From the Village to Hampton Avenue and from Mayfair Road to East Town on North Avenue, cyclers and walkers are likely to increase their range and presence under a proposed bicycle and pedestrian plan for Wauwatosa.
The steering committee behind the effort presented a draft plan at an open house last week, and their maps show city routes over a period of years growing to several times the marked miles available today.
The plan, which will be further refined, is likely to be considered by city committees the week of Sept. 9.
The draft proposal envisions increasing marked bike lanes from less than a mile today to more than 43 miles; neighborhood "greenways" identified for biking from virtually nothing now to more than 20 miles; creating 7 miles of shared car/bike lanes and other enhancements.
For those who walk, it sets out sidewalk construction priorities for areas where they are missing — stretches along Mayfair Road, for example — and other high-traffic-volume thoroughfares, and proposes additional shared-use paths, such as the path along the Menomonee River Parkway as it passes through the Village.
Consultant Tom Huber of Toole Design Group said the process has been undertaken with the understanding that, while some things are easy to achieve, such as painted road stripes, other things, such as changes in infrastructure, would take as much as a decade to achieve.
Even more distant goals have been included.
"It's a good idea to put those things in a plan," he said. "If you don't put those ideas in a plan, it's probably not going to happen."
The planners hope that improved route planning will lead to a bicycle commute "mode share" of 2 percent by 2016, and 4 percent by 2020. Likewise, they envision walking to work to increase to 5 percent by 2016, and 7 percent by 2020.
Draft maps show bike lanes along the entire stretch of North Avenue, in line with a new design plan for the street that would also increase parking and seek to slow traffic. Mayfair Road, one of the busiest streets in the city, also would have marked bike lanes under the plan, as would heavily traveled Watertown Plank Road. Bluemound Road, while slated for bike lanes as stretches are rebuilt by the Department of Transporation as part of the Zoo Interchange project, is not recommended by the plan.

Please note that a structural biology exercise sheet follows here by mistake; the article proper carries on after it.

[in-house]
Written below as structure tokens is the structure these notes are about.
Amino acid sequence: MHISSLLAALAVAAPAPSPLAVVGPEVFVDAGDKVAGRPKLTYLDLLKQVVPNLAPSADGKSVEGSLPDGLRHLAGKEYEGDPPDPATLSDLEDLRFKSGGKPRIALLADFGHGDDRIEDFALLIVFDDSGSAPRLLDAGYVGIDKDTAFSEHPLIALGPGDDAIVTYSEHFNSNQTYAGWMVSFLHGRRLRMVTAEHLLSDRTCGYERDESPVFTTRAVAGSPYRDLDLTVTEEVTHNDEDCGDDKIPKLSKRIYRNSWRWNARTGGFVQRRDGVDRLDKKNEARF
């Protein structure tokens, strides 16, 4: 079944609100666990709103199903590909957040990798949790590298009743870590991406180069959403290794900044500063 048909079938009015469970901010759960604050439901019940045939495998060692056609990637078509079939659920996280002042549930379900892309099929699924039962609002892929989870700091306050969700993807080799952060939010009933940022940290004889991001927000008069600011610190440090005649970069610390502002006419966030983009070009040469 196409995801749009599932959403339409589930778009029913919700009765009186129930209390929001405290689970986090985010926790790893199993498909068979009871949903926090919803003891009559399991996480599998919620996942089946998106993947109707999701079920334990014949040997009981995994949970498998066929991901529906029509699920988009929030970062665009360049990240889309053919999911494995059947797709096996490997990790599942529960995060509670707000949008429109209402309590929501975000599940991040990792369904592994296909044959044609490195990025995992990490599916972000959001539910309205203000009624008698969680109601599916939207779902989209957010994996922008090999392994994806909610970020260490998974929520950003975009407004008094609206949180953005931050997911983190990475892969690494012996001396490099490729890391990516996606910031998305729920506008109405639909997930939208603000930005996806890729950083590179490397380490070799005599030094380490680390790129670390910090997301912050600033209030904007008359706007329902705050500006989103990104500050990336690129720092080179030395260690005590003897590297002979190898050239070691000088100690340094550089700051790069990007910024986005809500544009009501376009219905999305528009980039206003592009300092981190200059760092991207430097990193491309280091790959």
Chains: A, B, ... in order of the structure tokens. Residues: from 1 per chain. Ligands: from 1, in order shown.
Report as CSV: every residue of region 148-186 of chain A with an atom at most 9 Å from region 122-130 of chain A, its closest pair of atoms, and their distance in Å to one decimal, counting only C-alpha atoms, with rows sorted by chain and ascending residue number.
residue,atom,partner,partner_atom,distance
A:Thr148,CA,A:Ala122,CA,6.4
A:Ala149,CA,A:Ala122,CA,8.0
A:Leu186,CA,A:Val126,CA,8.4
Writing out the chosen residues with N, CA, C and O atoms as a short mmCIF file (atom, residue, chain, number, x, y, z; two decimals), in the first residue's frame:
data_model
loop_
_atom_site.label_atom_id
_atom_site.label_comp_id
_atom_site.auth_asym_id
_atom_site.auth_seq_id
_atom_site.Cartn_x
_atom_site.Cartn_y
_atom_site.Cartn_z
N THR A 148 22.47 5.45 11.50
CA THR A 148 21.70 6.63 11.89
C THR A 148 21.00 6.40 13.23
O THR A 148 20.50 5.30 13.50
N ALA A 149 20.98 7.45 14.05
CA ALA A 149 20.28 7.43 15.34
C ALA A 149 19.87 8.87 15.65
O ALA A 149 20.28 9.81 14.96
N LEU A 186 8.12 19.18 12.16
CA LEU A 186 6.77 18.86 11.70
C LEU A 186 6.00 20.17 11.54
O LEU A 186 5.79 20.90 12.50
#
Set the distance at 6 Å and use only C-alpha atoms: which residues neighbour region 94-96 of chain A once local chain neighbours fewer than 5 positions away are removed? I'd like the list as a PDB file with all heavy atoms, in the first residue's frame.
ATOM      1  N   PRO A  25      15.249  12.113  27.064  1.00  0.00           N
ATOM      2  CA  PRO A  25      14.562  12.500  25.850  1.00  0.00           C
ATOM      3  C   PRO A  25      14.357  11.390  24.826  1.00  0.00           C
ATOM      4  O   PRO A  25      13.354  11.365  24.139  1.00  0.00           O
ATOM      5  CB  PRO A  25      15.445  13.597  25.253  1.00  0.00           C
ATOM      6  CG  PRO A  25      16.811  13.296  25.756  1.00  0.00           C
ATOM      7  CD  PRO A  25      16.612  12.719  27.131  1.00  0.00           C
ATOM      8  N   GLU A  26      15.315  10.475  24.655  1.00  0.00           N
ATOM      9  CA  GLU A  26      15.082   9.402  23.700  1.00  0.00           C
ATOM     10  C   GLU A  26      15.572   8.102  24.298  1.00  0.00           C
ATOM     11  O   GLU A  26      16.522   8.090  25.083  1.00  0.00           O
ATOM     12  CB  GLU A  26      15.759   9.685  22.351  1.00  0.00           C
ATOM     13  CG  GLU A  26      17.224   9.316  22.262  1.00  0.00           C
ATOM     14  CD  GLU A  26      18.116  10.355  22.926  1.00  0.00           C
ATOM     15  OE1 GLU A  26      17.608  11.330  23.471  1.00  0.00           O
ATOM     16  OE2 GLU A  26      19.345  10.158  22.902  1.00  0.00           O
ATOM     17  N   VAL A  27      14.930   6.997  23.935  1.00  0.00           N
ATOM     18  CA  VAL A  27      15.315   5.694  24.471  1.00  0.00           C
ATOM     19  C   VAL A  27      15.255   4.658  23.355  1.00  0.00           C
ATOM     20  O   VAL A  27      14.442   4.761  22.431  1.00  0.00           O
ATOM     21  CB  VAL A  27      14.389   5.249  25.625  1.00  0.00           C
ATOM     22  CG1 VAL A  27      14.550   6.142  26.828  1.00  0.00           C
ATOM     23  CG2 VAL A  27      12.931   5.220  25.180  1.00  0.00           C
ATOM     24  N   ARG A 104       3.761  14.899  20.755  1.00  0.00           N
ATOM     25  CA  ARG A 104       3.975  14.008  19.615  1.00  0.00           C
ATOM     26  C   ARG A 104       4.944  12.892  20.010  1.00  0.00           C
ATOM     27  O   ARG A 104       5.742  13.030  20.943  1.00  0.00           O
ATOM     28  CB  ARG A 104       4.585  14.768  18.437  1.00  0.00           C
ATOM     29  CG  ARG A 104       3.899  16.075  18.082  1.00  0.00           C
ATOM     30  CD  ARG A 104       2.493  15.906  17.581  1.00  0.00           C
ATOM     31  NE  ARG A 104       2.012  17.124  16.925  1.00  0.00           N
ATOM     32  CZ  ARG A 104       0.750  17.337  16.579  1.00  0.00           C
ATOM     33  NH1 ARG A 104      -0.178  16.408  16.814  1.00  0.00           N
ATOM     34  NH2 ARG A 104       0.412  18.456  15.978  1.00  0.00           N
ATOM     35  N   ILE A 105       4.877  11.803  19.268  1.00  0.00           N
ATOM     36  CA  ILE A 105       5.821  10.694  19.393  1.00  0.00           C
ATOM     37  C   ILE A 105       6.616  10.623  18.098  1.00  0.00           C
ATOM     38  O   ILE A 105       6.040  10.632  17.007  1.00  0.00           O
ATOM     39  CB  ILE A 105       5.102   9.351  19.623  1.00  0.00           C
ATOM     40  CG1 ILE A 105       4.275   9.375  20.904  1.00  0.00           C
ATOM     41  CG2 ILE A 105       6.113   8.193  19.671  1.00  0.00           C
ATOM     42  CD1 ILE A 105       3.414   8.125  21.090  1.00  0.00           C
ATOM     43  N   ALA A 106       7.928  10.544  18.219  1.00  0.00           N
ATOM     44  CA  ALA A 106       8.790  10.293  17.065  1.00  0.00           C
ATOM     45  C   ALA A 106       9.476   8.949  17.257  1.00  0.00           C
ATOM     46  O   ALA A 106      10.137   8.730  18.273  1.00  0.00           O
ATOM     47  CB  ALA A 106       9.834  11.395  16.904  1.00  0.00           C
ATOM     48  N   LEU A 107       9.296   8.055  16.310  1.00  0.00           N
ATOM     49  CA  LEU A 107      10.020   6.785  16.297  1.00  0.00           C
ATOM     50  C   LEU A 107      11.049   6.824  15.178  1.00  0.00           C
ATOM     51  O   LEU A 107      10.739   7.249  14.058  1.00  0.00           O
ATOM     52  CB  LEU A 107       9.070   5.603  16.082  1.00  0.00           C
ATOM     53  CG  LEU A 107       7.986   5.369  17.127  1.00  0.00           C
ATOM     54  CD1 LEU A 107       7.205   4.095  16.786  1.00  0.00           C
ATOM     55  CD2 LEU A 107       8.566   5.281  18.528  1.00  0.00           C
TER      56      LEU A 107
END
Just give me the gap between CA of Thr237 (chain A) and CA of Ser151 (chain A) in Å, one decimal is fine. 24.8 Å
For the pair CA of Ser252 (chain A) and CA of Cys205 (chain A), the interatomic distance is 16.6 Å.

The plan also proposes a route that would connect the two ends of the Center Street gap, threading a path between Bluemound Golf & Country Club and Mayfair Mall.
The maps employs the greenway concept on broad, less-traveled neighborhood streets. East of the Menomonee Parkway, greenways that provide easy biking east and west include Wright Street; Stickney Avenue, which connects through a jog to Garfield Avenue; and Hillcrest Drive. North-south greenways in that part of town include 88th Street, 83rd Street, 70th Street, and 65th Street.
The maps identify a long greenway on the west side of the city, starting at the city's south border on 115th Street, jogging west on Diane Drive to 118th Street, and heading north, becoming 117th Street, and ending at Burleigh Street. Another couple of short stretches also are identified on the north end of the city.
The project has received strong support. More than 60 people showed up for a presentation in May, a turnout that Huber and Wauwatosan Kevin Hardman, who heads up Midwest Bikeshare Inc., said they had rarely seen. And an online map temporarily set up for contributions from the public drew 719 total comments from 132 unique users. The map is now closed, but comments can still be submitted to email@example.com (put Bike/Ped Plan in the subject line).
The draft plan will be considered by the Plan Commission on September 9, said assistant city planner Jennifer Ferguson. The Community Development Committee and Common Council will also review it.
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